Saturday, 2 July 2011

Some tips on geodemographics for Shelter...


Back in the days before the PC became ubiquitous, in a time when direct marketing was direct marketing, a new science arrived. It was called geodemographics and we (by which I mean planners in direct marketing agencies) were smitten, deeply smitten. This was the Eldorado of targeted marketing, the Shangri la of response advertising, the holy grail of direct mail. And we played with it – we created mailing lists by ‘profiling’ the electoral register, we segmented and targeted the big agglomerations of address data on the files of big finance and retail businesses and we linked the base geodemographics, the idea that ‘birds of a feather flock together’, to other information collected about customers.

And we learned a couple of important lessons really quickly (mostly through the principle of ‘test and learn’ that direct marketers, uniquely among the marketing breeds, apply to all their work):

  1. Geodemographics, for all its wonderfulness is a pretty blunt targeting tool – yes it improves on the random selection from the population but only very slightly. Only where the profile indicated that a given place, typically a postcode area, was at least five times more likely to contain people with a given behaviour did we consider it worthy of selection. And that was for a door drop not for expensive direct mail – for that we needed ten times at least.
  2.  For some products and services there simply wasn’t much evidence – beyond confirming existing income-based differences – of a significant variation from par to mean that the ACORN, MOSAIC or Superprofiles analysis. Too often I tore open with rising excitement the envelope containing the profile for a client only to see a flat profile of mostly academic value. To make things work for the client we turned back to old fashioned techniques – using known responders, previous customers and incentivised two-stage campaigns to get new buyers.

So I smile when I see the latest super clever system – using ACORN, MOSAIC or some other geodemographic profiling system as a tool for marketing, communications or even ‘activism’. And the smile is a little wan since these approaches are misleading (to say the least) and of little real value. Here’s an example from housing charity, Shelter:

The Shelter Housing Insights for Communities resource is a must-have for anyone involved in community consultation on housing development. Built using ACORN and extensive bespoke national surveys on housing attitudes, this resource is a unique insight into the housing views and aspirations of local communities; providing advice on cost-effective and targeted consultation.

Using this system you can pop in a postcode and it will tell you whether the local folk are (or maybe aren’t) NIMBYs or BANANAs. Or at least you can at the “ward level” – a level that, in Bradford, is about as much use for getting any understanding as the proverbial chocolate fireguard. I can get a postcode assessment – mine is 3I33 (comfortably off settled suburbia, middle income couples) – but have to track back into Shelter's national assessment to make any sense at all of the information.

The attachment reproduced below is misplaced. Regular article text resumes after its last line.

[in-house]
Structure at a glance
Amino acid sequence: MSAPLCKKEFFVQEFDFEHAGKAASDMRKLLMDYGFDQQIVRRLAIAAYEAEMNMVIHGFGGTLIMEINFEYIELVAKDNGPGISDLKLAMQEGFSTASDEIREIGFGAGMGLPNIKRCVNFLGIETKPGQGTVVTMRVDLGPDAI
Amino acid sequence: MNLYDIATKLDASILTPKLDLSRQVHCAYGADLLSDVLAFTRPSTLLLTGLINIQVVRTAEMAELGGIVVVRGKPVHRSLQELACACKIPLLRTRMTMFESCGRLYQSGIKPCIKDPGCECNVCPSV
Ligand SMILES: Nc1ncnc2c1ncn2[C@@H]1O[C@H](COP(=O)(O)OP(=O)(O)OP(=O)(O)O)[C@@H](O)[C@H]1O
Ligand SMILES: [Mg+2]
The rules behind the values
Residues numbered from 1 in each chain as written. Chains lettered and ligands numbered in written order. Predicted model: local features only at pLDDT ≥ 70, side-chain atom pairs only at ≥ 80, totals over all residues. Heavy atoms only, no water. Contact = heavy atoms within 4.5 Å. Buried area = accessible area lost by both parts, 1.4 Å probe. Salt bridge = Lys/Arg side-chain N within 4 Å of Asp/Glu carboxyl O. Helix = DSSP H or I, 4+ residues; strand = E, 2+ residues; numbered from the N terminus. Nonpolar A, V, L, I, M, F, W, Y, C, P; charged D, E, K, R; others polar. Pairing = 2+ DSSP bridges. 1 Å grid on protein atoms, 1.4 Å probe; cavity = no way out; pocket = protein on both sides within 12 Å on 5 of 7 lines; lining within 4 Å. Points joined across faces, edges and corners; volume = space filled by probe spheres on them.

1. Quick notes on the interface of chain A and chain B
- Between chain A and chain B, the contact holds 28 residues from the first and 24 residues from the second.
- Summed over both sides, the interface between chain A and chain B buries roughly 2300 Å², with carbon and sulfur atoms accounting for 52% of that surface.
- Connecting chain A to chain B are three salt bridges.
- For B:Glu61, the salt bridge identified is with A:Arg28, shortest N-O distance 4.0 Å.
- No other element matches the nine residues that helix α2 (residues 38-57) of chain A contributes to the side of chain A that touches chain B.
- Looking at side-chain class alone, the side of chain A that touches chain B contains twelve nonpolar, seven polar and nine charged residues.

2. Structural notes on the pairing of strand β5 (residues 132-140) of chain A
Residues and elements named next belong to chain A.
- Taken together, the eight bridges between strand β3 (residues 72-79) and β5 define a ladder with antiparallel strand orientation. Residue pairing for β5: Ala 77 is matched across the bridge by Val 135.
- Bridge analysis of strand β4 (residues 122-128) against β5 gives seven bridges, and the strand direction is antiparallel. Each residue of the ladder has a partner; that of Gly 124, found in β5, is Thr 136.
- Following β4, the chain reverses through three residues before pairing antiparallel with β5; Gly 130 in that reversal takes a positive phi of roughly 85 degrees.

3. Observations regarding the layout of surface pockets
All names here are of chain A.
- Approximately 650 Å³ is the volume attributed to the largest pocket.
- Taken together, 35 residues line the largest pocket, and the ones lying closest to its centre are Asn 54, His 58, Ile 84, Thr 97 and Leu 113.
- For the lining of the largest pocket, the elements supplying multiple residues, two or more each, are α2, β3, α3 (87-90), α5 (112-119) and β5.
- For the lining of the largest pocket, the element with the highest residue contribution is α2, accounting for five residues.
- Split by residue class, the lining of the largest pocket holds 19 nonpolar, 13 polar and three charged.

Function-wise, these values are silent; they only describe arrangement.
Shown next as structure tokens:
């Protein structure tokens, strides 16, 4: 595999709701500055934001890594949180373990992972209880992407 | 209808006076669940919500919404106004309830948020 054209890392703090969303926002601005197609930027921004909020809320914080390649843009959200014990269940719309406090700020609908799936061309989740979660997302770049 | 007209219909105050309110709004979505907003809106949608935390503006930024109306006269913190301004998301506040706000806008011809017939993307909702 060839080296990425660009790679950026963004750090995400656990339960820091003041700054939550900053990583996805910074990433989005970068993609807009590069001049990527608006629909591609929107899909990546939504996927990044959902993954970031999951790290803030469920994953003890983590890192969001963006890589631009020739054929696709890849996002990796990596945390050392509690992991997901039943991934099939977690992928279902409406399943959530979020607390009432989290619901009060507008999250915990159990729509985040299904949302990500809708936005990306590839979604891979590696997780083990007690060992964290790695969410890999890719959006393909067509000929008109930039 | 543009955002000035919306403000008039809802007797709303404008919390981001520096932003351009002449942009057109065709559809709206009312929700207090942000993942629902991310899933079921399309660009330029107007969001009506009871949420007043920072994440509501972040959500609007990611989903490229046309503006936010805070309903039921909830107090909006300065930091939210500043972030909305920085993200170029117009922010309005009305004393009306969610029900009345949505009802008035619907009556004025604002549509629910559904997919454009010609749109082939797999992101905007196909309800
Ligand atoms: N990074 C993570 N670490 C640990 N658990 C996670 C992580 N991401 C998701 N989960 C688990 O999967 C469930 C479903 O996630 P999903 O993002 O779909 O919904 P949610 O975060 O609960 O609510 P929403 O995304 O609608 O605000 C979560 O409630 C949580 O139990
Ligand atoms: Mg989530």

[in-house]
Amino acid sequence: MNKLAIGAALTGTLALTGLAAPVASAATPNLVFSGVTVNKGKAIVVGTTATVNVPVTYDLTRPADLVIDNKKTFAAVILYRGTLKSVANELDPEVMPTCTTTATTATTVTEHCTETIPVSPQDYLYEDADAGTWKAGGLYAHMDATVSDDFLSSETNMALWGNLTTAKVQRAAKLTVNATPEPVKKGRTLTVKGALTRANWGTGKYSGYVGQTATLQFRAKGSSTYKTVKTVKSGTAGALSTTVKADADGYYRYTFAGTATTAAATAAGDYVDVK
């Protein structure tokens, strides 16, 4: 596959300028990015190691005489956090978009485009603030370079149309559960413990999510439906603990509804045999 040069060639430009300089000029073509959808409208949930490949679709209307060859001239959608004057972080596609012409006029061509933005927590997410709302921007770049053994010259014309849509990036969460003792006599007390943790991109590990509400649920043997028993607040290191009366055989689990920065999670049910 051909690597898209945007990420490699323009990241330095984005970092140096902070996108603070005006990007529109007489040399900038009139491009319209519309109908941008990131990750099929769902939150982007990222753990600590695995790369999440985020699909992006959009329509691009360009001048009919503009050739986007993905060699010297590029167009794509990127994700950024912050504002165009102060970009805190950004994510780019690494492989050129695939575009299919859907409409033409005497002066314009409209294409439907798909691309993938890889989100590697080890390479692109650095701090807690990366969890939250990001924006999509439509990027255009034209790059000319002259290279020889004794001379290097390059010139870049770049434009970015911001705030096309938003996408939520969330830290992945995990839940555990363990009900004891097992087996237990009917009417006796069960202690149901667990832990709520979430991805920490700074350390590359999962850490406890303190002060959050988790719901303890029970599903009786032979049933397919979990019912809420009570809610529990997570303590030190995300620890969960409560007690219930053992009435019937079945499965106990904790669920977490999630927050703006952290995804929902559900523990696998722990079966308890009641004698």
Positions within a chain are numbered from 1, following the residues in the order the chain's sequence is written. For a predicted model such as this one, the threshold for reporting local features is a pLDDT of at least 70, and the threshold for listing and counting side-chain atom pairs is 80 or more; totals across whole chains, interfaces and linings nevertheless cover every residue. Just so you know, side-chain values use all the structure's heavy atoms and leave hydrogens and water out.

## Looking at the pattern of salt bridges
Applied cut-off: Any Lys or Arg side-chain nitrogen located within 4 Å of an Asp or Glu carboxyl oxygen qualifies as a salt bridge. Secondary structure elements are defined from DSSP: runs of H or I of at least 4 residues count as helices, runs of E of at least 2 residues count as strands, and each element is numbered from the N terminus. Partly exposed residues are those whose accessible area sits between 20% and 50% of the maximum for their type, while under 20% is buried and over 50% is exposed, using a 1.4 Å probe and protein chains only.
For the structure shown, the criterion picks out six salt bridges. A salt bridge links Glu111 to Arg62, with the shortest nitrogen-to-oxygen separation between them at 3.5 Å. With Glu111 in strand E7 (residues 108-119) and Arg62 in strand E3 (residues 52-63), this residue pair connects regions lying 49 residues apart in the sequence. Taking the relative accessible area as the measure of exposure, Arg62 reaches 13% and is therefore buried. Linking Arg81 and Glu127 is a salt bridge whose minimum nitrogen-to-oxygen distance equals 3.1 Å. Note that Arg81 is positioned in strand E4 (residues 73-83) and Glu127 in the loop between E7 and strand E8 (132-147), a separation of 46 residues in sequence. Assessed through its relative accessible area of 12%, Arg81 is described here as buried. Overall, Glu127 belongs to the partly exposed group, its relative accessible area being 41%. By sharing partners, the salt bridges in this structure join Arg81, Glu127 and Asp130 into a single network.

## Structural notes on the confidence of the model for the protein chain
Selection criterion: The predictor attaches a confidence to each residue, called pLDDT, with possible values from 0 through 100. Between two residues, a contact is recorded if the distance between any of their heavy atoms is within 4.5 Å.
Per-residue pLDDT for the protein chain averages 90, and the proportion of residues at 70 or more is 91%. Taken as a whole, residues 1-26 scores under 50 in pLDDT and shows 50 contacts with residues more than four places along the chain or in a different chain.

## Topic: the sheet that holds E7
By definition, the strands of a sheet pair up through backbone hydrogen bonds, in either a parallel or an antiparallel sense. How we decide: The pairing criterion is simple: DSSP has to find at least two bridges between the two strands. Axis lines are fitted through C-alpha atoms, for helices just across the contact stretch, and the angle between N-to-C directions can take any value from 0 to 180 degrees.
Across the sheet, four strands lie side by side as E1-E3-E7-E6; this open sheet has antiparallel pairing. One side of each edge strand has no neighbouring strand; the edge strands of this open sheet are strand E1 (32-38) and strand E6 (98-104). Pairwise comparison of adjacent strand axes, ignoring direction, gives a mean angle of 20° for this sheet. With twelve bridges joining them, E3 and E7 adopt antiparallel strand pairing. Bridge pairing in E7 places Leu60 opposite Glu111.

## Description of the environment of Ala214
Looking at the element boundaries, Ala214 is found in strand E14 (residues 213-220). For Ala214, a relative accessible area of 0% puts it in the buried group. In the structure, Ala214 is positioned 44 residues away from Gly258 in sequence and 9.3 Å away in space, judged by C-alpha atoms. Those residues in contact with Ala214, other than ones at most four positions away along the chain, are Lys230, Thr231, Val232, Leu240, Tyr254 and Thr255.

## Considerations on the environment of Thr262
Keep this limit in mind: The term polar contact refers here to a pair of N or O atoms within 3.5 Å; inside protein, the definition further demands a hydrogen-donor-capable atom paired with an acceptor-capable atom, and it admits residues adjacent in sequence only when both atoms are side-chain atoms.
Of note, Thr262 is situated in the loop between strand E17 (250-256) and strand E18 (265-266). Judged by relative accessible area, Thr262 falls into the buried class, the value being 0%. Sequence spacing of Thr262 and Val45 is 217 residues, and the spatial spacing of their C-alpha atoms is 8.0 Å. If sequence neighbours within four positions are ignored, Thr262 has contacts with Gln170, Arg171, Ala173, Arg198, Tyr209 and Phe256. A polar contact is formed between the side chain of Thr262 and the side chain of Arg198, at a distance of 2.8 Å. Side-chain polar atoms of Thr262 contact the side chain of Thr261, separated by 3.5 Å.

And then we learn the bleedin’ obvious – people who live in poor housing especially in cities are supportive of new housing development whereas folk living in suburbia (and especially the wealthier bits of that suburbia) are more likely to oppose housing development. Well knock me over with a feather, that’s some insight!

Here in Cullingworth – which is shaded a deep red for ‘we don’t like housing development’ – the truth is more nuanced and won’t be helped by the patronising ‘communications planning’ that Shelter propose.  What we don’t want – and will die in a ditch to stop – is the sort of massive development that will change the entire nature of the place. But the development of a few houses here or there we can live with – yes we want sensitivity, we don’t like fine old houses being knocked down to make way for ‘ticky-tacky’ houses and we’d like the developer to pay attention to traffic issues and road safety.

Yet Shelter – armed with their geodemographics and an opinion survey – want to cast us as unbending NIMBYs. Not only are they wrong, they are misleading developers and undermining the real efforts of councils, planners and local communities to meet housing needs without destroying the nature of a place. Plus of course – as we found out 20 years ago – geodemographics, even supplemented with other data, is a pretty blunt instrument for marketing. A lesson Shelter (who probably didn’t talk to any direct marketers in creating their whizzo system) still needs to learn.


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